In a month, the Democratic Republic of the Congo will be in a state of constitutional crisis — though representatives of President Joseph Kabila’s government don’t see it that way.
The central African country is supposed to open its election season on Sept. 19 and hold a vote two months later. But citing budgetary and logistical constraints, Kabila’s administration is pushing for a longer timetable that would extend the president’s second term. The U.S. government — through U.S. Special Envoy to the Great Lakes Tom Perriello — is pressing for the democratic transition to proceed as scheduled. In the meantime, the U.S. Agency for International Development cannot afford to ignore politics and carry on with business as usual, according to USAID’s former mission director for the country.
Devex spoke with Tony Gambino, who served USAID in the Congo from 2001 to 2004, at the Brookings Institution, where he joined Perriello and François Nkuna Balumuene, the Congo’s ambassador to the United States, to share their respective views on the way forward to a peaceful political transition — and the U.S. development community’s role in supporting one.
Here are the highlights of our conversation with Gambino, edited for length and clarity.
A lot of the U.S. assistance to the Congo has been focused on humanitarian concerns, particularly in the eastern part of the country. Where does development fit within the context of what’s happening now with the country’s national election crisis?
This is a great point to make for a standard Devex reader. There is a body of research that is fully established that says, if you want the space to do what we all want to do in development, what’s the one factor that matters the most? It is the quality and commitment of the leadership of that country. That can’t be questioned. To a degree that there’s a debate, there’s been a debate over [the question,] can one even do anything? There are some people at the extreme who argue incorrectly that in those cases when your leadership is weak and commitment is weak that you should do nothing. I think that’s way too pessimistic. But you don’t want to go to the other extreme and say it doesn’t matter, because that’s just completely counterfactual.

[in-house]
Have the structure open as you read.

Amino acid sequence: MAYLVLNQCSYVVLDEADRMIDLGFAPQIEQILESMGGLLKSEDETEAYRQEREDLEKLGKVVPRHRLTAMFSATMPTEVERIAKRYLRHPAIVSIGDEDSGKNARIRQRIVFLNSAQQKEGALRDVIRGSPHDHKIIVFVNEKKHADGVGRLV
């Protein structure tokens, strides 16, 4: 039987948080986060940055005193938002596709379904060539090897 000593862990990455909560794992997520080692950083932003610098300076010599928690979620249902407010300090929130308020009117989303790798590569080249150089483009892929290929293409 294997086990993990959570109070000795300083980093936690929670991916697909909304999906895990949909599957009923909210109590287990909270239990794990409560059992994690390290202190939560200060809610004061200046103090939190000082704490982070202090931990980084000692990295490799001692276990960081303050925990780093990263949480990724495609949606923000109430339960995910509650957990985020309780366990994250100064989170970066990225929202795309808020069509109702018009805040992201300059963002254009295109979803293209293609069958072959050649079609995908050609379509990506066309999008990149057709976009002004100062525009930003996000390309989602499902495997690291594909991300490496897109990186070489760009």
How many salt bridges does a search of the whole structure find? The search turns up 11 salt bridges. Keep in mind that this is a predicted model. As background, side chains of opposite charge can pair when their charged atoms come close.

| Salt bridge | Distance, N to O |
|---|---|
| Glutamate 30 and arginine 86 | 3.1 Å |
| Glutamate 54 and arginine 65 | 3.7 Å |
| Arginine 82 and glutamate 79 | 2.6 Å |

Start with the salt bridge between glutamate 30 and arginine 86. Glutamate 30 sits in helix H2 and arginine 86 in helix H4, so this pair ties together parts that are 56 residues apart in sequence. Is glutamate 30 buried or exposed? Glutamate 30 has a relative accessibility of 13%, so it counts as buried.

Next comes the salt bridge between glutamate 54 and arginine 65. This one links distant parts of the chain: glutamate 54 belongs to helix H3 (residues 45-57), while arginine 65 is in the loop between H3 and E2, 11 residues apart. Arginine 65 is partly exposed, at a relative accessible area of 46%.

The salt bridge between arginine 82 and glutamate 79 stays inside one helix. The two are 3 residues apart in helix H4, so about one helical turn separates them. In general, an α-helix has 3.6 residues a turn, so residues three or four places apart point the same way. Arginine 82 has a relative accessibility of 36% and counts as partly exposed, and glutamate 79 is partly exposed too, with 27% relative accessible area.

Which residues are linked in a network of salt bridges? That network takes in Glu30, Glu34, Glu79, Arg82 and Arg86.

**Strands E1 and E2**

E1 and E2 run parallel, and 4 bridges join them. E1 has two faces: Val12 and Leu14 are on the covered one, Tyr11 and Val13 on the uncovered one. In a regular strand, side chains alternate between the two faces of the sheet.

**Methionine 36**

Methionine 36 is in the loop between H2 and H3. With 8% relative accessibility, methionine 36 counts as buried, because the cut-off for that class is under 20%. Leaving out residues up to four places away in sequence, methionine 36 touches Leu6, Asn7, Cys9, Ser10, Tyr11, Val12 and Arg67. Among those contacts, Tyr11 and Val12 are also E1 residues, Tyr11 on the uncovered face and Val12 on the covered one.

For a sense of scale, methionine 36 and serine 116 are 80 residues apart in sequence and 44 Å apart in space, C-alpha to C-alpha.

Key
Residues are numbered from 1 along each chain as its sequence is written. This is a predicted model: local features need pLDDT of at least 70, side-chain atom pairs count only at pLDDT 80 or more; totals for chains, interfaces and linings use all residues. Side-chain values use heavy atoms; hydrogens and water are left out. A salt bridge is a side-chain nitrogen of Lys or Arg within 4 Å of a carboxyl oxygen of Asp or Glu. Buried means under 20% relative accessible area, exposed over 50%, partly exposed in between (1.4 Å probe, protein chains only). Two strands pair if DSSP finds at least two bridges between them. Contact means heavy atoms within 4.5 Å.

Too many people in the aid world just want to play “turtle,” and put their head in their shell and say, “That’s not my business, I have my little three-year or five-year program to run, I’m just going to put my head down and run it.” I understand that if you’re a contractor — that’s what you’re paid to do. But if you’re in the government, if you’re directing these kinds of things, supervising, I really am critical. The big moment now is that there is a chance in the Congo to get a change. Will the new leadership be better? Who knows. But we have to get the change. Anybody who’s in a position to take their head out of their turtle shell and say, “What do we do to help this change occur?”
I would argue that one should do that absolutely to the maximum extent. If I were there right now, I’d be looking at every single thing that we did and say, what is it that we could do that makes it clear how important it is to the United States — I’m speaking right now as [though I were the] USAID mission director — that the constitution be respected and that there be a transition of power at the presidential level and that that be done in a peaceful way?
Certainly as you move in the direction of security sector reforms, where you’re working directly with the army or the police there are obvious things you can do. But really if you’re looking across the board — say you’re working with teachers: Let’s build civic education into some of the programs. If you’re thinking about it that way, almost anything, other than the strictly humanitarian [programs] … you can put it almost everywhere. And that’s where too often the development professional still wants to say, “Oh no, I don’t do that highly political stuff. Oh no, that’s over there.” I don’t like that. I think that’s a mistake.